The end of WWII signified the definite transition of the U.S. from the isolationist economic powerhouse that it used to be in the 1920s to 1930s to the image of a super-power the USA is now widely considered to be…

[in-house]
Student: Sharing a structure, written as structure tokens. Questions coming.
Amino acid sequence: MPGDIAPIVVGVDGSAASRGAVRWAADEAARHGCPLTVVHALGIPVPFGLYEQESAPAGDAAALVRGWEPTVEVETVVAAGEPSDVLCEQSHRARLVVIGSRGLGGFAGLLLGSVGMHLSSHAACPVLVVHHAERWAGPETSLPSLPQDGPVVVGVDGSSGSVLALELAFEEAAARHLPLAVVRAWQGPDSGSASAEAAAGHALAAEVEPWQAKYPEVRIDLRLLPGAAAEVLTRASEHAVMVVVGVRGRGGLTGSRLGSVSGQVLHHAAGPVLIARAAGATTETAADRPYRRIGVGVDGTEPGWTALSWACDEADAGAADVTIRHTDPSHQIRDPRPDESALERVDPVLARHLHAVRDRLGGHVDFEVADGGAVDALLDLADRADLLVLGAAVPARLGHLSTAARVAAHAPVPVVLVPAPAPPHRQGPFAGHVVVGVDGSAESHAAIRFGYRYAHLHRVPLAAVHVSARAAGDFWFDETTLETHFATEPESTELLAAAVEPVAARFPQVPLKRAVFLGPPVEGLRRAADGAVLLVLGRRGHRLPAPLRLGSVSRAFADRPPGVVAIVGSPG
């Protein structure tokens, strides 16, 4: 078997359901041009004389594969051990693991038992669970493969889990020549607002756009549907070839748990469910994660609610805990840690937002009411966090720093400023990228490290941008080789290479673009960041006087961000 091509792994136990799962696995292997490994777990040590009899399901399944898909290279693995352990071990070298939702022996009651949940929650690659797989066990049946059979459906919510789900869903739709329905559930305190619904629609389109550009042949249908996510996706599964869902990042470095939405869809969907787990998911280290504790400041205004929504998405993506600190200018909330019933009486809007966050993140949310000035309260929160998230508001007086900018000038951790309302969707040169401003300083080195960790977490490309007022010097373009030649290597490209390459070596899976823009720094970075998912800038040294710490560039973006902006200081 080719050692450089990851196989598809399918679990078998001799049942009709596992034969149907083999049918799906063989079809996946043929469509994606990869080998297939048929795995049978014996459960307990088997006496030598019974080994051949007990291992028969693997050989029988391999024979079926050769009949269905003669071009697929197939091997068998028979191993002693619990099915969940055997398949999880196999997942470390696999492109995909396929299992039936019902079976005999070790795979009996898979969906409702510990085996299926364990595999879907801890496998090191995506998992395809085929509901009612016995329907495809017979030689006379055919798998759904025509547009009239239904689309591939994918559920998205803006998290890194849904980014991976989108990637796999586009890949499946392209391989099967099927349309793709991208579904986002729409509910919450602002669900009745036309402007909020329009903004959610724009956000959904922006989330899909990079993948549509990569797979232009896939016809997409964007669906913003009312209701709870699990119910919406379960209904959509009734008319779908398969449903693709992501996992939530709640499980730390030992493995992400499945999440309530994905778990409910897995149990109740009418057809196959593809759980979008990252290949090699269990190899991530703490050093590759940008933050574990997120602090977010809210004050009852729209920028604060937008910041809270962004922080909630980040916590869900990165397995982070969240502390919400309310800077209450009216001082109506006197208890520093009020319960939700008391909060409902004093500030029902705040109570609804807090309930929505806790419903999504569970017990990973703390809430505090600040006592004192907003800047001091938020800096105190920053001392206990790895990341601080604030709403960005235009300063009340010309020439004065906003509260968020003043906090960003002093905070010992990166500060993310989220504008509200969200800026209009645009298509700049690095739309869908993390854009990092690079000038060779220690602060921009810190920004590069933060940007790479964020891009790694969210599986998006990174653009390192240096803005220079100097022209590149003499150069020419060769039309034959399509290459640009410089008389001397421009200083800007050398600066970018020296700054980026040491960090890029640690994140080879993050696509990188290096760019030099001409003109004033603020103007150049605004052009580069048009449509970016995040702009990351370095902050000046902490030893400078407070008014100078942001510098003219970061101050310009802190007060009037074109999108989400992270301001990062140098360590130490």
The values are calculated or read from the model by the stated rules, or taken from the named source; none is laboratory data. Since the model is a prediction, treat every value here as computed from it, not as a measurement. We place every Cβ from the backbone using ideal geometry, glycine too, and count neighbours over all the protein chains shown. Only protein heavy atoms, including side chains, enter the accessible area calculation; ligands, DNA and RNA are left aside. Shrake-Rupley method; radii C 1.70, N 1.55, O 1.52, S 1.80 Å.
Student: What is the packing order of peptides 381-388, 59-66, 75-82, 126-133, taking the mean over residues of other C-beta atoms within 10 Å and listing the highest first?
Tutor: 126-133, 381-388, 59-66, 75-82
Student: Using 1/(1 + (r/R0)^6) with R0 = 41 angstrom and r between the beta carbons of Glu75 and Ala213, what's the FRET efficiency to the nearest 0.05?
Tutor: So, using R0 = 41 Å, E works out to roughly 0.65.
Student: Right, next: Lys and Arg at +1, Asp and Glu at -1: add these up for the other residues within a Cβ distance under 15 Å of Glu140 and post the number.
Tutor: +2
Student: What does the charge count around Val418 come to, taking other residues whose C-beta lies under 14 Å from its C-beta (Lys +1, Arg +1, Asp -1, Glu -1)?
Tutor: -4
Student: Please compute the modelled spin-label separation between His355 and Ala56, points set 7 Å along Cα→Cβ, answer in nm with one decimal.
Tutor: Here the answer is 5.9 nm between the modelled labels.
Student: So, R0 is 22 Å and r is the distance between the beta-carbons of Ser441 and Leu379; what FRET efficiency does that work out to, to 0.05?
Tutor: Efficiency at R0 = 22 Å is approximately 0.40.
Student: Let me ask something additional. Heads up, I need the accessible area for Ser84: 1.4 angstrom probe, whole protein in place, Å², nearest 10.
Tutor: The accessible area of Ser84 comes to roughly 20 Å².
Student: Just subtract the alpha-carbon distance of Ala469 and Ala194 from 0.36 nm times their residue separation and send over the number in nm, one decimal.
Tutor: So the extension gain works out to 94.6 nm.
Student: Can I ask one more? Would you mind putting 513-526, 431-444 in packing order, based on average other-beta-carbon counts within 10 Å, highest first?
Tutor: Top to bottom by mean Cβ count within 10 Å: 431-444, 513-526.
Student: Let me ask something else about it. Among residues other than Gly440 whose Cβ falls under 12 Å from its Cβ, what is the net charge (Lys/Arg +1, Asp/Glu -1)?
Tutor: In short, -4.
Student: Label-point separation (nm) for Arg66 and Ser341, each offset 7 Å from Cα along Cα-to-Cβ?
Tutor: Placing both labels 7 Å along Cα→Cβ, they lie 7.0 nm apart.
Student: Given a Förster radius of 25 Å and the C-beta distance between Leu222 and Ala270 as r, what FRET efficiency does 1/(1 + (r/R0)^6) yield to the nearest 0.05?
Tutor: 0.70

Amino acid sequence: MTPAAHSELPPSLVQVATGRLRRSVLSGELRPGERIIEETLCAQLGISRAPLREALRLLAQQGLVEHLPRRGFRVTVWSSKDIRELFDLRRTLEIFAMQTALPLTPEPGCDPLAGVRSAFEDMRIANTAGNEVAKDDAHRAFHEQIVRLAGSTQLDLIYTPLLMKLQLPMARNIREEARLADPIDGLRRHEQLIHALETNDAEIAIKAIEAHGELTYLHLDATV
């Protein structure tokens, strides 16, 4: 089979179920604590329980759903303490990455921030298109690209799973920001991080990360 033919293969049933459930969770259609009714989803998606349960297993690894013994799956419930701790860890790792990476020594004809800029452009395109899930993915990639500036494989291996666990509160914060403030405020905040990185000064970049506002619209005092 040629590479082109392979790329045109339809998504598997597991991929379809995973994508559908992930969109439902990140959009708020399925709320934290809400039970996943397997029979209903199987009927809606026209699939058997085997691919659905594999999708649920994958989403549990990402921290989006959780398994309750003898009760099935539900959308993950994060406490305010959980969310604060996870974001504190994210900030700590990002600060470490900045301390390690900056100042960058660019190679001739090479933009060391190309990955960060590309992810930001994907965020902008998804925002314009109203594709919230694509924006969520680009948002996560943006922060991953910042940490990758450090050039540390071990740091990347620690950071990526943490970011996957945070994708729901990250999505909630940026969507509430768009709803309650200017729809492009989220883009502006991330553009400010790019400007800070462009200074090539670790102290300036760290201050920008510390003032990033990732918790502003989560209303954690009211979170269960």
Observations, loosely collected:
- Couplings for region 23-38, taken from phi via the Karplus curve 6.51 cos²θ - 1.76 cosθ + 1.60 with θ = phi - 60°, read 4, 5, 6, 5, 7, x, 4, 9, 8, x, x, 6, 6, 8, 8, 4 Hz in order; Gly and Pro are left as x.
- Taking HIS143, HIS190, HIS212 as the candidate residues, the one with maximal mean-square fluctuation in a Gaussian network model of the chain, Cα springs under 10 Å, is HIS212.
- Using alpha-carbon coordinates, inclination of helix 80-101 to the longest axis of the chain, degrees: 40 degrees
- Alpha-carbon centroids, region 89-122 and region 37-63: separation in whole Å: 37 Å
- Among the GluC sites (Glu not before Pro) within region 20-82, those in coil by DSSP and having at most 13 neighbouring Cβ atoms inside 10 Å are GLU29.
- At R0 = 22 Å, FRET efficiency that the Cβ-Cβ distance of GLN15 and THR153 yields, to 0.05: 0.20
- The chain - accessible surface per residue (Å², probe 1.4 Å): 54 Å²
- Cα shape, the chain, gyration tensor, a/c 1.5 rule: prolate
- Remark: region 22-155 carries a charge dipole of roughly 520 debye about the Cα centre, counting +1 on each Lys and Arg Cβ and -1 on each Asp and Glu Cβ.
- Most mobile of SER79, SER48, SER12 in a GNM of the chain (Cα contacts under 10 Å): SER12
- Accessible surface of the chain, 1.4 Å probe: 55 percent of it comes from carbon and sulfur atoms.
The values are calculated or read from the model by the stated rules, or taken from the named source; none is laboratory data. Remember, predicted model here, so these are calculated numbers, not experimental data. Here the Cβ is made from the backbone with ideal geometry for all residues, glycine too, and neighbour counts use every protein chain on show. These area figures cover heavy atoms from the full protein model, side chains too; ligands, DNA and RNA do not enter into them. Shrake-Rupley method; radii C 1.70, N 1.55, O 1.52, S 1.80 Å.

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At the same time, the growth in power of the Stalinist USSR and the concerns with respect to the future of the world order after the decline of old European powers (Britain included) led the U.S. to intervene much more actively in the internal affairs of their partner (and satellite) states, contributing to the rise of anti-imperialist and anti-militarist mentality among the wide sectors of the American population. These two developments led directly to the transformation of the concept of American citizenship, which was now considered to be both a sign of super-power entitlement and a stigma connected with the U.S. ‘imperialist’ designs. In general, the end of WWII was met with immense jubilation by the U.S. public, as it was believed that the end of hostilities would bring about the new prosperity. However, already in 1946, the Fulton Speech by British statesmen Winston Churchill signified that the Western powers were to confront the Soviet opposition in the post-WWII settlement of the globe. Thus a picture of the new global rift emerged that pitted the USA against the allegedly ‘merciless’ Soviet communists. This generally Manichean worldview found its most visible expression in the McCarthyist campaign of anti-communist hysteria that was accompanied with veritable persecution of all alleged supporters of the Communist Party of the USA. Within a McCarthyist discourse, such individuals were regarded as traitors to not only the U.S. Federal government, but to a very ‘American Way of Life’ that was to be considered sacrosanct by all citizens. This inherently conservative interpretation focused on such symbols as private property, freedom of religion and free enterprise to rally the opponents of Soviet Communism around the visage of the American national identity. In this way, the American civic patriotism became increasingly associated with the notions of economic liberalism and social and political conservatism, which were now to co-exist in a potentially uneasy synthesis. It is characteristic that McCarthyist paid specific attention to the notions of citizenship, as disloyal elements, potentially of European migrant descent, were to be deprived of their American citizenship, if considered ‘un-American’. The activities of a famed House Committee for Un-American Activities (HUAC) may be considered an epitome of McCarthyist efforts to bring about such an outcome for their ideological opponents. Nevertheless, the McCarthyist project for the revamping of the American cultural and civic identity, with the subsequent de-liberalization of the American political culture, was bound to failure, as the significant segments of the American political elite were loath to allow the conservatives to monopolize the political agenda of the nation. The dismissal of McCarthy and the discrediting of his supporters meant that the U.S. elite were to move in direction of the socially liberal policies that were tried in the New Deal period. Both Eisenhower and Kennedy may be regarded as the consistent promoters of such a course, notwithstanding all understandable differences in their internal and foreign policies. The late 1950s saw the gradual de-emphasizing of the geo-political confrontation with the USSR, as the level of anxiety and concern with the Soviet threat began to subside after the death of Stalin and especially after the effective end of the Korean War. These two developments, together with the end of the post-WWII economic reconstruction and the definite beginning of an era of consumer spending and individual prosperity that was not seen and even imaginable in previous decades, helped re-define the concept of American citizens